Existentially Speaking

I love this cartoon from Dave Pollard’s blog, How To Save The World. Dave notes that the image is via Ulf Parczyk on Jim Newman’s Facebook Page.

I love the cartoon because I recognize myself in it. As the one pleading. As the one being gifted. As the one being quite stupid. As the one even laughing at divine humor and holy mischief — it’s the kind of god I hope for, I suppose. If there were a next frame to the cartoon, I’d like add a playful “Gotcha, didn’t I.”

Many of us go through this cycle, don’t we. Whether asking of preferred divine beings, or of the universe itself. Or sometimes even of the people we are with.

I want to be better at noticing what already is. To get better at finding wonder already present in a singularly non-eventful moment. And I want to be better at this with groups — family, team, community, organization.

Practical existentialism.



In the work I’ve done with faith communities over the last ten years, I have particularly appreciated clergy and lay people who are able to be in the seriousness of the work, and, the playfulness of the work. Ministry, be it formally leading a parish or growing an organic farm, is serious, right. I think of it as the work and life of deepening souls together. That’s individually and collectively. I love it that this deepening can be simple — we are just creating a pattern of asking questions together and being honest together. It is deeply satisfying to me to be with people who give real attention to matters of spirit.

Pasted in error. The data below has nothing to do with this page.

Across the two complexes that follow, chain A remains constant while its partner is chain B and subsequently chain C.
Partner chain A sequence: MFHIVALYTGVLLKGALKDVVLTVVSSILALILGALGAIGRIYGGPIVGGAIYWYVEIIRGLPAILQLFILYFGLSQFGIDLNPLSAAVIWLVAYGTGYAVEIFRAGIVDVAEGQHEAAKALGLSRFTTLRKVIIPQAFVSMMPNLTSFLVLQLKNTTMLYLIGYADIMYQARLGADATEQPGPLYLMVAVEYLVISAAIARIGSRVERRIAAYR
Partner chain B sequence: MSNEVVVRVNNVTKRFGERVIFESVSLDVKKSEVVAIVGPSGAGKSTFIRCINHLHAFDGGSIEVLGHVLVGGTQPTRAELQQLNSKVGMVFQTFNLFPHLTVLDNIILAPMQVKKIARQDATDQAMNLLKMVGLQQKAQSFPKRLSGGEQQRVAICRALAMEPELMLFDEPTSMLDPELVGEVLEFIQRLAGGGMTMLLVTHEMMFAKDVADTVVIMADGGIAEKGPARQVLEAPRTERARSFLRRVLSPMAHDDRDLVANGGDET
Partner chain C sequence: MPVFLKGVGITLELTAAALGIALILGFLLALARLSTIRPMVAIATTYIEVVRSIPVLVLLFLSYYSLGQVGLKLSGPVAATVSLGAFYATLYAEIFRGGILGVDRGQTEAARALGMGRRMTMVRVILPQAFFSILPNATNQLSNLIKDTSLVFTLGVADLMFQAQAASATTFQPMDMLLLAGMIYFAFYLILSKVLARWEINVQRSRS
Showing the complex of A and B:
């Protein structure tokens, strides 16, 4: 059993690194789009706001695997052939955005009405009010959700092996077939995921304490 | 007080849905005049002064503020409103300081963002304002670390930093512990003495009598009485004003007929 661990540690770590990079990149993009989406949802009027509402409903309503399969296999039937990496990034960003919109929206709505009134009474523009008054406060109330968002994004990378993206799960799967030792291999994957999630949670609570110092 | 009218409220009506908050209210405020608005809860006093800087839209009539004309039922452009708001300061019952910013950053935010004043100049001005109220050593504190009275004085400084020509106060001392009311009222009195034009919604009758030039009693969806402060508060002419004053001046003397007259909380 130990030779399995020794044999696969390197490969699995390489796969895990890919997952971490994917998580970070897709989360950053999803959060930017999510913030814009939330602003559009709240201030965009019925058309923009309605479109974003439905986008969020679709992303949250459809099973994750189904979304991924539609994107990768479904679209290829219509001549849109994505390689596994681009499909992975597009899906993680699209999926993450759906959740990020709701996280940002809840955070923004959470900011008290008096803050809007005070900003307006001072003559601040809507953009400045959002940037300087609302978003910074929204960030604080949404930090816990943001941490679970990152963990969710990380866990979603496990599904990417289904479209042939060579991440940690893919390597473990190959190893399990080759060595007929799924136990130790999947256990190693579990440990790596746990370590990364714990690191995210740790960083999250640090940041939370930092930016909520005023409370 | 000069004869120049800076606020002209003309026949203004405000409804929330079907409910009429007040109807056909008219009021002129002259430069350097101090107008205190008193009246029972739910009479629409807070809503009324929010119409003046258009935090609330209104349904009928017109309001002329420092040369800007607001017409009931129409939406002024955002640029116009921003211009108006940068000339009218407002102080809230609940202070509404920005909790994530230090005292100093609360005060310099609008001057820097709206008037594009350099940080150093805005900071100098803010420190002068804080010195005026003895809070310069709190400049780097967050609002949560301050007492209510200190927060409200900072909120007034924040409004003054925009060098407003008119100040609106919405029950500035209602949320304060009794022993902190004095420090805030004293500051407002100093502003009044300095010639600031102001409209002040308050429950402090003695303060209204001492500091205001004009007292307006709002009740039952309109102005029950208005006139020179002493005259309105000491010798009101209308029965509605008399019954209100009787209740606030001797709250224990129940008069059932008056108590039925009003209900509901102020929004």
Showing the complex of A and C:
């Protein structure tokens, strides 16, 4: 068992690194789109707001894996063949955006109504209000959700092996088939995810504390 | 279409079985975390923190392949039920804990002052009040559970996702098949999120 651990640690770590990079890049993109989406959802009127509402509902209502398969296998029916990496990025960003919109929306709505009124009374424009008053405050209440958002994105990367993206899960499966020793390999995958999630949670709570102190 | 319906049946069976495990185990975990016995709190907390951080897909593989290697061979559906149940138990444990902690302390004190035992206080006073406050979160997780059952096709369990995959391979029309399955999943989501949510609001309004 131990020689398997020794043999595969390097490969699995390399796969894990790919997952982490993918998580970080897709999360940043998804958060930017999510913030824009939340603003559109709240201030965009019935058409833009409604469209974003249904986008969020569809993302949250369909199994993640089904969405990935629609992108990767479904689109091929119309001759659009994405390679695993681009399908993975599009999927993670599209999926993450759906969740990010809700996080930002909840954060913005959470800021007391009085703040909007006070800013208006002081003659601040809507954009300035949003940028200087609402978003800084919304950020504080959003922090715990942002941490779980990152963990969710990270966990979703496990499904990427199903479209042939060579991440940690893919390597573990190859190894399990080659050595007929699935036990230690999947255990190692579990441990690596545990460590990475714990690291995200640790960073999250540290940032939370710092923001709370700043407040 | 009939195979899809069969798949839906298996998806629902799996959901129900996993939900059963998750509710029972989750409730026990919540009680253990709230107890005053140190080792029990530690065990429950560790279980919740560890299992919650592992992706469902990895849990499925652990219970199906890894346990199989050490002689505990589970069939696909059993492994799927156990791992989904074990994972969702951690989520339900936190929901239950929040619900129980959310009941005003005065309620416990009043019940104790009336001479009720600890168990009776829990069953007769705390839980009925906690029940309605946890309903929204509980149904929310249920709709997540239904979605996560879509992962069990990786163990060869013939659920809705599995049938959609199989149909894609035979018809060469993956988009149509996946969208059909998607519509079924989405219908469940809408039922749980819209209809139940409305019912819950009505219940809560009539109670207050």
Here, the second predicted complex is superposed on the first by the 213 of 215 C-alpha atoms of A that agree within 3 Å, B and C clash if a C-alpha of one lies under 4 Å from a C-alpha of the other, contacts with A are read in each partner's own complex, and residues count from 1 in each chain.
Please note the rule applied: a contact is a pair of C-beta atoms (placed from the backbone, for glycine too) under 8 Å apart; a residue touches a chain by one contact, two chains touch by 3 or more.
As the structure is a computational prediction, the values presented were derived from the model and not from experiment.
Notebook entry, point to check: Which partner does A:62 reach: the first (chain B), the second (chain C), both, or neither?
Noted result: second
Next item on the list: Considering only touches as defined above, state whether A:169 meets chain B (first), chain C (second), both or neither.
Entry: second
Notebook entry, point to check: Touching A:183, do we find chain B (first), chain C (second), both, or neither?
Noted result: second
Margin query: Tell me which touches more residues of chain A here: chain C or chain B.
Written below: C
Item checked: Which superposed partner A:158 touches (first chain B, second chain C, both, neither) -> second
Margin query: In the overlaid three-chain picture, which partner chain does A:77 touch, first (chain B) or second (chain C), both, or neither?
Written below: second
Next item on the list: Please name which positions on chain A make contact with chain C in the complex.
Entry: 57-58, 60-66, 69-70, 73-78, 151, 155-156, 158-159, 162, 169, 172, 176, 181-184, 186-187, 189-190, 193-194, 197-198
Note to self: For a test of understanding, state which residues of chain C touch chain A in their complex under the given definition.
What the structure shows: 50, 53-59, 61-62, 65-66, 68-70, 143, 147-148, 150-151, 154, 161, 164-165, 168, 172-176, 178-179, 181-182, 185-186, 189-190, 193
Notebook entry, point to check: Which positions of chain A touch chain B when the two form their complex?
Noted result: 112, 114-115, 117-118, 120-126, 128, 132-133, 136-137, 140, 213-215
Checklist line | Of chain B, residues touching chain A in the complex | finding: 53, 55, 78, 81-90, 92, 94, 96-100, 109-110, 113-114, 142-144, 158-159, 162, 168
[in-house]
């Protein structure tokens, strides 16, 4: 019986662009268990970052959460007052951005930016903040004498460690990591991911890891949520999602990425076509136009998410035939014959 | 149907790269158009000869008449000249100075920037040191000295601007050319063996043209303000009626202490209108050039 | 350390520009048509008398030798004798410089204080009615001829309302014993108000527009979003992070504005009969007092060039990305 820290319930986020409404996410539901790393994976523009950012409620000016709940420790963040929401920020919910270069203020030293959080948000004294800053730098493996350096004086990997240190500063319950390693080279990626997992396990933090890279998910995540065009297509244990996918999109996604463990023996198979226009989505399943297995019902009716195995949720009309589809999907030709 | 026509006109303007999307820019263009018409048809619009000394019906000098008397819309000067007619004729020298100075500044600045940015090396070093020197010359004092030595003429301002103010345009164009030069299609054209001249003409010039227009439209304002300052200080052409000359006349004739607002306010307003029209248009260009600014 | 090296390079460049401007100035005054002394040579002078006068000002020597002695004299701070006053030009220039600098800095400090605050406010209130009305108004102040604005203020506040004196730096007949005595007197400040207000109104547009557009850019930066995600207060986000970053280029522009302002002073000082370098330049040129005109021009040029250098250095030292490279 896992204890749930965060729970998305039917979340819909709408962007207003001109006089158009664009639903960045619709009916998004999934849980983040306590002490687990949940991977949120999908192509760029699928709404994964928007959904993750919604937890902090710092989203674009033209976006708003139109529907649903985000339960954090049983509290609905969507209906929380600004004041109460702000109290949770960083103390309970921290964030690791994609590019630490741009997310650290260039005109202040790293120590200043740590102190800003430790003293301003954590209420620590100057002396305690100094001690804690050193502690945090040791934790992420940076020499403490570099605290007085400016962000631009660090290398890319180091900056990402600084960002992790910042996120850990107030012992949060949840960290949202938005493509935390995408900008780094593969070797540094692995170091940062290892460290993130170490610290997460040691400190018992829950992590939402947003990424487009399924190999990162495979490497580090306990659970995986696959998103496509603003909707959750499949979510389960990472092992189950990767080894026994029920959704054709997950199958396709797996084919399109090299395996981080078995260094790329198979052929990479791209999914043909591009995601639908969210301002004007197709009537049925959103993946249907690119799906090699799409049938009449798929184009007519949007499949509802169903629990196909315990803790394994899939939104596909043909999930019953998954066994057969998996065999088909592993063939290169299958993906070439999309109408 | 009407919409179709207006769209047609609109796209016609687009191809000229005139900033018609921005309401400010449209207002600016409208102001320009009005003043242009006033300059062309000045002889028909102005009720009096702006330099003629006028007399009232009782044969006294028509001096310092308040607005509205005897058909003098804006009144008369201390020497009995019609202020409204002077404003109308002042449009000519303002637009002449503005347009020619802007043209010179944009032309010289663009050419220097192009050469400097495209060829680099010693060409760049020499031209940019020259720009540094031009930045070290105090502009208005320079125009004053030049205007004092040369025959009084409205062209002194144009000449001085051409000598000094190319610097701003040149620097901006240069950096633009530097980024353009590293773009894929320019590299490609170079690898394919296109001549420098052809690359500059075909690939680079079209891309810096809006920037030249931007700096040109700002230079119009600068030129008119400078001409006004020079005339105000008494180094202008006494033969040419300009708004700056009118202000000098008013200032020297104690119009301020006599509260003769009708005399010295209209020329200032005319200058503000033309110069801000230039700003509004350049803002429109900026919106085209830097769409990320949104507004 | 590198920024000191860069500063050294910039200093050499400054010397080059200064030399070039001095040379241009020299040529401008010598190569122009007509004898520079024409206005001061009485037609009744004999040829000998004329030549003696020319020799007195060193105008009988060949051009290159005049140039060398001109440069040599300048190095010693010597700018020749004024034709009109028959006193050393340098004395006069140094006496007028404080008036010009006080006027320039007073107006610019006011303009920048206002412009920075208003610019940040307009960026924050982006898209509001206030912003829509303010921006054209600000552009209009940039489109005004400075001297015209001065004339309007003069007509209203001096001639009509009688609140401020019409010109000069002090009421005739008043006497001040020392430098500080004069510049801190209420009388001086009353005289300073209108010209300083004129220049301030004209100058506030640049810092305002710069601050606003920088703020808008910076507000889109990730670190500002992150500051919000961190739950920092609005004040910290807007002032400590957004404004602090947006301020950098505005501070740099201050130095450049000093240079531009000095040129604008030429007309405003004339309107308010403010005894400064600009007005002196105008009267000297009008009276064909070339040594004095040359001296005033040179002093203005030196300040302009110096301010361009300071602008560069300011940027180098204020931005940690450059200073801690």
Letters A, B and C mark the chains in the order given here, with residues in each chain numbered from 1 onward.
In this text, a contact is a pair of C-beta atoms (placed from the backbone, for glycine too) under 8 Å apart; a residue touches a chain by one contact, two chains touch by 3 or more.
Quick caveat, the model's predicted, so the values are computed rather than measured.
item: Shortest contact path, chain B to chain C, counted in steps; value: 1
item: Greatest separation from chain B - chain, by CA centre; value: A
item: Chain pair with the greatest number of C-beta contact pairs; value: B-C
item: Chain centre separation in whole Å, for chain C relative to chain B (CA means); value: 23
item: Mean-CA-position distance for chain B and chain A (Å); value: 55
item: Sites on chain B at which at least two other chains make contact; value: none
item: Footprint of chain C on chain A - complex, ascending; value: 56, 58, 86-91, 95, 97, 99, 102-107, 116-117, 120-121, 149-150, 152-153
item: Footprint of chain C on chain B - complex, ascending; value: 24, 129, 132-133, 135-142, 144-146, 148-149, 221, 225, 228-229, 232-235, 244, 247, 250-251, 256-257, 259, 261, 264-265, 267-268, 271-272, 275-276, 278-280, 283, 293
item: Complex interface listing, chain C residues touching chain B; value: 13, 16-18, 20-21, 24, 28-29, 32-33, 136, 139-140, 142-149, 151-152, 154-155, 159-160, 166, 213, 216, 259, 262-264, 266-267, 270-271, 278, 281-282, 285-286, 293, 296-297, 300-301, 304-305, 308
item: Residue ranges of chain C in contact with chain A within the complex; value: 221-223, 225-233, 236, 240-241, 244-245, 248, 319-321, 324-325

A few years ago, while planning for an event, it was my friend and colleague Erin Gilmore, a pastor within the United Church of Christ tradition, that named, Holy Mischief-Making. She was riffing off of a “strategic mischief-making” reference that I was speaking. It seemed, just for a moment, that the cheekiness and naughtiness of mischief-making was attached to holy. Holy, with the divine. Holy, what matters when we are older and beyond the rush of the days. Holy, that which is real from deep within. I love the way that Erin smiled when she said it, and the way we both laughed out loud — “you just said that, right?”

Last week, I was reading a piece that a friend and colleague wrote, Ivy Thomas. Ivy has been among other things, a Conference Minister for the United Church of Canada. Ivy was rewriting basic agreements for The Circle Way into the context of using Circle at church. What she came up with was the acronym, “HOLY.”

Hold stories in confidence.

Open to the needs of others and yourself.

Listen with compassion and curiosity.

Yield to moments of silence.

Good, right. Simple (which so often is a form of holy to me). Clear. An invitation to practice (not a checklist from which to chastise). Thank you Ivy, for your seriousness and playfulness balled in to these statements. Ivy’s full pamphlet on using The Circle Way in faith communities will soon be available on The Circle Way website.